If you’re like most of my colleagues in the newsroom, you read that headline and thought, “GREAT! What is the alternative test?!”

Here’s the quick background: Colorectal cancer is the third most common cancer killer in the U.S. A colonoscopy is an excellent screening tool. But more than one-third of people who are supposed to get it (that’s people ages 50-75) don’t.

Why? I think you can guess.

A colonoscopy is an invasive screening test that can involve missing one to two days of work, an inconvenient preparation process and then a “colonoscope is gently eased inside the colon and sends pictures to a TV screen,” the American Cancer Society says.

But it turns out that there’s a less invasive option. It’s called FIT — fecal immunochemical test — and essentially, you are taking a stool sample at home, in the privacy of your own bathroom. There’s no preparation and there are no dietary restrictions. FIT will detect hidden blood in the stool, a sign of colon cancer or large polyps that could become cancerous.

The American Cancer Society explains how it works:

… blood vessels at the surface of larger colorectal polyps or cancers are often fragile and easily damaged by the passage of feces. The damaged vessels usually release a small amount of blood into the feces, but only rarely is there enough bleeding for blood to be visible in the stool.

FIT is not new — it’s already a recommended screening test from both the American Cancer Society and the U.S. Preventive Services Task Force, but few people know about it.

The doctors behind a study published Monday — from UCSF and Kaiser Permanente’s Division of Research — are hoping their research will change that. The researchers conducted what’s called a meta-analysis, a review of existing studies, to reach their conclusion.

In their review, doctors found that FIT correctly identified 80 percent of people who have cancer, and FIT correctly identified more than 94 percent of people who did not have cancer.

Now, you might be thinking the inverse — that 20 percent of people with cancer were missed. But FIT is a test that’s meant to be done annually, and colon cancers generally are slow-growing. “You will be tested (again) after a year goes by,” said Dr. Jeffrey Lee, lead author of the study who works at both Kaiser Permanente’s Division of Research and UCSF. “During year two, the chances that the FIT test will detect it is much higher.”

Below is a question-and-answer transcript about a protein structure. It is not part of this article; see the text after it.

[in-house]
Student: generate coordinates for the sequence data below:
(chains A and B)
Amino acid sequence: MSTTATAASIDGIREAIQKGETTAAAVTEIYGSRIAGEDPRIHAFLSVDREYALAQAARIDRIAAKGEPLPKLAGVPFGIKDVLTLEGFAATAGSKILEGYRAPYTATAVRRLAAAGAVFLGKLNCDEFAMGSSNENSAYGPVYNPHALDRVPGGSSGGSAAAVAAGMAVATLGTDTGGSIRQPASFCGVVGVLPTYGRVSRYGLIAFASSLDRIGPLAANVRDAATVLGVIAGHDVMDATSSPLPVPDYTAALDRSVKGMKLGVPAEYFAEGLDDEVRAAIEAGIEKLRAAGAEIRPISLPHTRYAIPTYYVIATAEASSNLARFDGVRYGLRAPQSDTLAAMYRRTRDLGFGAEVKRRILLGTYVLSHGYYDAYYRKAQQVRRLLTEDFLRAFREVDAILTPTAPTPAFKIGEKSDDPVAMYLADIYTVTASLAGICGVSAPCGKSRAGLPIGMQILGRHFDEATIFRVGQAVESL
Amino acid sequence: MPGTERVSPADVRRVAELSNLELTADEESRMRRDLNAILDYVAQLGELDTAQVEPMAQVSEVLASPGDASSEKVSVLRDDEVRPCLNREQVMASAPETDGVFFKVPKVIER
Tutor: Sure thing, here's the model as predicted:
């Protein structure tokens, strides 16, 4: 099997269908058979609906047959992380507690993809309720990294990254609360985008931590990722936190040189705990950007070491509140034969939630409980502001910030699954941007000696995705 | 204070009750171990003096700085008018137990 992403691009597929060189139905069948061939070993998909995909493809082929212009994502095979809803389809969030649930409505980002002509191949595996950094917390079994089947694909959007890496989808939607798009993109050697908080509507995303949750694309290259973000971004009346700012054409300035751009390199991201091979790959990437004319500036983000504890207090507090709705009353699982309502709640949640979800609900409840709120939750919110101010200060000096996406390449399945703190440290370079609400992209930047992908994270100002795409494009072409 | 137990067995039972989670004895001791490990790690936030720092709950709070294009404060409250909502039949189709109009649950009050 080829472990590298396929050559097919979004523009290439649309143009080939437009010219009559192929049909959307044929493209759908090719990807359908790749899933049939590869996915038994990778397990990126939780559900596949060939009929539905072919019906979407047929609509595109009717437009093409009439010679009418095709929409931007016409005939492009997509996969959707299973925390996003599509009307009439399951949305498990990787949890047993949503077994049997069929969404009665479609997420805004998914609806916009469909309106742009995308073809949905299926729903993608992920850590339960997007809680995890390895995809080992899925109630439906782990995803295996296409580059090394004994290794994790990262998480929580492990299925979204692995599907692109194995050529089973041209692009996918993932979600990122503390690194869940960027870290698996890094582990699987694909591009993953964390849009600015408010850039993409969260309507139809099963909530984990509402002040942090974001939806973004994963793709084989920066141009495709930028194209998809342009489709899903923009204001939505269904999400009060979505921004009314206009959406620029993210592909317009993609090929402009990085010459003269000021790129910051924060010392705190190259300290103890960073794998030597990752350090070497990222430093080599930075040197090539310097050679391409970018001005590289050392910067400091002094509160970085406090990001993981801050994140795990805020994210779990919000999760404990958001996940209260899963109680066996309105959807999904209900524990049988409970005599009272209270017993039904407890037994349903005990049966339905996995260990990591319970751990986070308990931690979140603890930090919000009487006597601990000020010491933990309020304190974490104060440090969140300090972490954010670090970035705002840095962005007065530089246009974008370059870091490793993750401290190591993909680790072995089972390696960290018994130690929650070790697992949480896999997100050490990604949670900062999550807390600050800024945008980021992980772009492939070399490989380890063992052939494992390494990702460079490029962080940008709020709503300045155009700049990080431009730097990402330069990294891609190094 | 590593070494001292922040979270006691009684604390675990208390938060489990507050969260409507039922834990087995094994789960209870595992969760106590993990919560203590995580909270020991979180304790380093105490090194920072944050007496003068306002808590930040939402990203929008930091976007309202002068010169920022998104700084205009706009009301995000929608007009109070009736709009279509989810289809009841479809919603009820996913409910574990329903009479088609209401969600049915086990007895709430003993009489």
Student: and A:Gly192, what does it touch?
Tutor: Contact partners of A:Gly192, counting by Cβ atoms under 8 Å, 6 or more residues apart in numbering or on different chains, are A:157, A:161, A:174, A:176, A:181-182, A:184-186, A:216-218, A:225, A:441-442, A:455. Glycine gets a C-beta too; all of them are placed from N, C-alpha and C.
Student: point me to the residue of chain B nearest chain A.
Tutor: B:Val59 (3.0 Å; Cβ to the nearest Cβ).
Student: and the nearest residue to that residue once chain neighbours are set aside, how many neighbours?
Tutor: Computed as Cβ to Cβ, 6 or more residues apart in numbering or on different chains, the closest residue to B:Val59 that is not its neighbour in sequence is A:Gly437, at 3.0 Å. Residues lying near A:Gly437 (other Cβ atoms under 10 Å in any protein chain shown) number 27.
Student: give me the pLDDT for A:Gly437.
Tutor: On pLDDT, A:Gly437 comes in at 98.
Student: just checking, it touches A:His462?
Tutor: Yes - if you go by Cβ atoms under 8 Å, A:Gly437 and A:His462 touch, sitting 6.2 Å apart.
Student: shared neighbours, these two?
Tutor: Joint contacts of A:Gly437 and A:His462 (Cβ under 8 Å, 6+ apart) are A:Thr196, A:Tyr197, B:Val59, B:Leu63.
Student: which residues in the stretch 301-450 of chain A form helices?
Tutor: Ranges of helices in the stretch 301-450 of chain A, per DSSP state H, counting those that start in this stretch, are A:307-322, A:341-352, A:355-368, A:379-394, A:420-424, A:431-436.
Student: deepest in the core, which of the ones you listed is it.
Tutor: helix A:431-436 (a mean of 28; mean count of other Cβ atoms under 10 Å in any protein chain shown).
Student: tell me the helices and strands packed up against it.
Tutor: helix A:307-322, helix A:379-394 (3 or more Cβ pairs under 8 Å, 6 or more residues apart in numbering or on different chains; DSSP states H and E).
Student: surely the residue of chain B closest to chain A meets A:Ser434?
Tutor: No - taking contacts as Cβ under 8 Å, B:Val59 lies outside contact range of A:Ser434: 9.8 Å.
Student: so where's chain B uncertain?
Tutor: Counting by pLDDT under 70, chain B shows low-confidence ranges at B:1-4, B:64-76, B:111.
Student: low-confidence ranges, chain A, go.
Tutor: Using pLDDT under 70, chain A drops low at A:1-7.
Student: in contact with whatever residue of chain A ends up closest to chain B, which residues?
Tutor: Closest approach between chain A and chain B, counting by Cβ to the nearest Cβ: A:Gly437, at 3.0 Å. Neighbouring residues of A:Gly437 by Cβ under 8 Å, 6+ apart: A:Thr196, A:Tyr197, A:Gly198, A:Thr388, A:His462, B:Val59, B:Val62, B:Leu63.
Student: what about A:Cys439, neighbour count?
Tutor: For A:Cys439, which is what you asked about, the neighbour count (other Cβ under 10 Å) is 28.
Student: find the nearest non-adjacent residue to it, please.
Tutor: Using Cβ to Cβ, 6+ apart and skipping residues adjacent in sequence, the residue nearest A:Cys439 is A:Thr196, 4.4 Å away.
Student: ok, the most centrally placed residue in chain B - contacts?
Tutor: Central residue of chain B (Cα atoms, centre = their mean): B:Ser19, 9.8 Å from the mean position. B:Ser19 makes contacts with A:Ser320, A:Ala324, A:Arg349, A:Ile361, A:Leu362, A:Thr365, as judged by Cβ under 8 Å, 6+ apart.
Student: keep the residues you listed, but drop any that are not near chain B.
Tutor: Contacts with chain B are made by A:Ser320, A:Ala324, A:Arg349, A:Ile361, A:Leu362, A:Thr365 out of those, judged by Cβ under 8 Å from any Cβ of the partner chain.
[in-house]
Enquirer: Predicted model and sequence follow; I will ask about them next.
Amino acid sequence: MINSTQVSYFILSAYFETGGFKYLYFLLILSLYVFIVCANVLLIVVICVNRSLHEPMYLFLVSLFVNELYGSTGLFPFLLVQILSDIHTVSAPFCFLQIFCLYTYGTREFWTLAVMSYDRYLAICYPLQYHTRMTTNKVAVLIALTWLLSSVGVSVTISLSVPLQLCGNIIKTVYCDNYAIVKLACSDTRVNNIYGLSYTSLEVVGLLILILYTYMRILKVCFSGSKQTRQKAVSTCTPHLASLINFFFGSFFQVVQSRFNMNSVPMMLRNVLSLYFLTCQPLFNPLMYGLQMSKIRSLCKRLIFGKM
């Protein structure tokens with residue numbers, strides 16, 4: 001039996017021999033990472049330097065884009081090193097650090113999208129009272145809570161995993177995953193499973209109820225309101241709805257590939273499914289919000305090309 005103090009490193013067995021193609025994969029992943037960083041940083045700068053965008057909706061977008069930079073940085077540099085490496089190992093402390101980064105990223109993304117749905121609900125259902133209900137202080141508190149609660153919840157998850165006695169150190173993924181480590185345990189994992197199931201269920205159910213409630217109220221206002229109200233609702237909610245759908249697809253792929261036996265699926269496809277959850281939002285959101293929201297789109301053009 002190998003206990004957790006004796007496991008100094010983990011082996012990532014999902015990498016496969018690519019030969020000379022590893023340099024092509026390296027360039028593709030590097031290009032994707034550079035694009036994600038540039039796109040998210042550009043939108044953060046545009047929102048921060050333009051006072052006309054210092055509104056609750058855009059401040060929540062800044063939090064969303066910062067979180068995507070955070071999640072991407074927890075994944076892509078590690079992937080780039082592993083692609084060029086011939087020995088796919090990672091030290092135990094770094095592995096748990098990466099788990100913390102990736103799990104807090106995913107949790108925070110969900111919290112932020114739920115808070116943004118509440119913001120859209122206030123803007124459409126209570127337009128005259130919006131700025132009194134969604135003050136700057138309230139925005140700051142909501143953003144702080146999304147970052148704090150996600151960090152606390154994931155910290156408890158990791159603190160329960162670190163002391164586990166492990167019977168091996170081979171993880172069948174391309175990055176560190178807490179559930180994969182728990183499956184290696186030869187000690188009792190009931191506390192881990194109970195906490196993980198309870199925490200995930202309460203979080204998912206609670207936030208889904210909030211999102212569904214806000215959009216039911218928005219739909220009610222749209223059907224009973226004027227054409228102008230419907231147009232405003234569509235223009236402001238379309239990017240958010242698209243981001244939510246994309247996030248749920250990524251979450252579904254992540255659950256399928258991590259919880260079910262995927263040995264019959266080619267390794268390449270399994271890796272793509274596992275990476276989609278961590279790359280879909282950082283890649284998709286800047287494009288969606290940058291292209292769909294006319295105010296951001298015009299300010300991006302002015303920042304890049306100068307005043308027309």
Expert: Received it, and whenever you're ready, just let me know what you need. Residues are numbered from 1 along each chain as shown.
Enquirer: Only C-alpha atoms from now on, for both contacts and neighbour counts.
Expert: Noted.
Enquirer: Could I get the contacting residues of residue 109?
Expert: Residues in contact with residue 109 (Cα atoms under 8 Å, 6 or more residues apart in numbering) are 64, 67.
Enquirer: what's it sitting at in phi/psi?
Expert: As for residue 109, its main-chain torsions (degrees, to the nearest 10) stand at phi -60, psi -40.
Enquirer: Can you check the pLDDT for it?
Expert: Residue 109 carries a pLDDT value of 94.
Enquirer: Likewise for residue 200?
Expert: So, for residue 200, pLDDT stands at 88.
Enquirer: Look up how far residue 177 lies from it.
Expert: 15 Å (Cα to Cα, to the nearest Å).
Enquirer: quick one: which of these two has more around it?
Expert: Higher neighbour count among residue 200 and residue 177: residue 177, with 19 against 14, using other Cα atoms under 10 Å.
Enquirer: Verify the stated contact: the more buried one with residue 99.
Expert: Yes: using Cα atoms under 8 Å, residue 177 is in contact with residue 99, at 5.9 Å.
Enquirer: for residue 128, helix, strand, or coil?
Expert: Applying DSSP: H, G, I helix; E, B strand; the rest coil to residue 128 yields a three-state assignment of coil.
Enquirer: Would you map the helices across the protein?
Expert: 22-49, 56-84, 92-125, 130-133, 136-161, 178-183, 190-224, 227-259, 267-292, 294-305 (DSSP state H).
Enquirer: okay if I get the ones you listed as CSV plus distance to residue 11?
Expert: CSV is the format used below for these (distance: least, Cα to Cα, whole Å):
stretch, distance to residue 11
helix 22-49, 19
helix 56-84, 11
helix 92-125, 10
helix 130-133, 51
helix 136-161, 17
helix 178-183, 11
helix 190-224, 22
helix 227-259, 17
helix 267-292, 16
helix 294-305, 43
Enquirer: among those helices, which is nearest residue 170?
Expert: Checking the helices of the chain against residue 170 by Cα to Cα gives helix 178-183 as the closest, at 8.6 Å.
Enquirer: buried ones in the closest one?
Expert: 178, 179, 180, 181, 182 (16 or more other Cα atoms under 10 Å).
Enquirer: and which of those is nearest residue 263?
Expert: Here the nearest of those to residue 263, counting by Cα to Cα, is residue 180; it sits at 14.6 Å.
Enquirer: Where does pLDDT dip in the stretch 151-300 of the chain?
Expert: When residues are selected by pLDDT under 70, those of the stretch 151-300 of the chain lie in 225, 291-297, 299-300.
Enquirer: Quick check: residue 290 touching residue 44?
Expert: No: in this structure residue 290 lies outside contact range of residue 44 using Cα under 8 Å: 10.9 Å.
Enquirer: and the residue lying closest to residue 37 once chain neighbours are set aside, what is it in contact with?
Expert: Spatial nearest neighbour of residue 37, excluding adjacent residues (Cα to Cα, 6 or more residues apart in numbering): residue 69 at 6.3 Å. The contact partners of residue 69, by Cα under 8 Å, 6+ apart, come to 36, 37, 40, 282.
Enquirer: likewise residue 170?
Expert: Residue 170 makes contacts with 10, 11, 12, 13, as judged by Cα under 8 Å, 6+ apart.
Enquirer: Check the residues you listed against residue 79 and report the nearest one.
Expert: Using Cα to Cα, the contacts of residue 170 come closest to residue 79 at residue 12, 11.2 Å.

In addition, if non-cancerous polyps are removed, then patients may well be avoiding a later cancer diagnosis.

Dr. Theodore Levin, another of the study’s authors, heads up colorectal screening for the Permanente Medical Group. Kaiser instituted a coordinated screening approach for its members several years ago, which includes mailing FITs to its members who are not up-to-date on screening. Kaiser’s screening rate is going up and the incidence of colorectal cancer is going down.

“FIT represents a really easy-to-use option for colon screening,” Levin says. “It’s a much easier sell to get people to do the FIT test” than undergo a colonoscopy. “There’s no way around it.”

The study was published in the Annals of Internal Medicine.




At-Home Test Good Alternative to Colonoscopy, Study Confirms 5 February,2014Lisa Aliferis

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Lisa Aliferis

Lisa Aliferis is the founding editor of KQED’s State of Health blog. Since 2011, she’s been writing and editing stories for the site. Before taking up blogging, she toiled for many years (more than we can count) producing health stories for television, including Dateline NBC and San Francisco’s CBS affiliate, KPIX-TV. She also wrote up a handy guide to the Affordable Care Act, especially for Californians. Her work has been honored for many awards. Most recently she was a finalist for “Best Topical Reporting” from the Online News Association. You can follow her on Twitter: @laliferis

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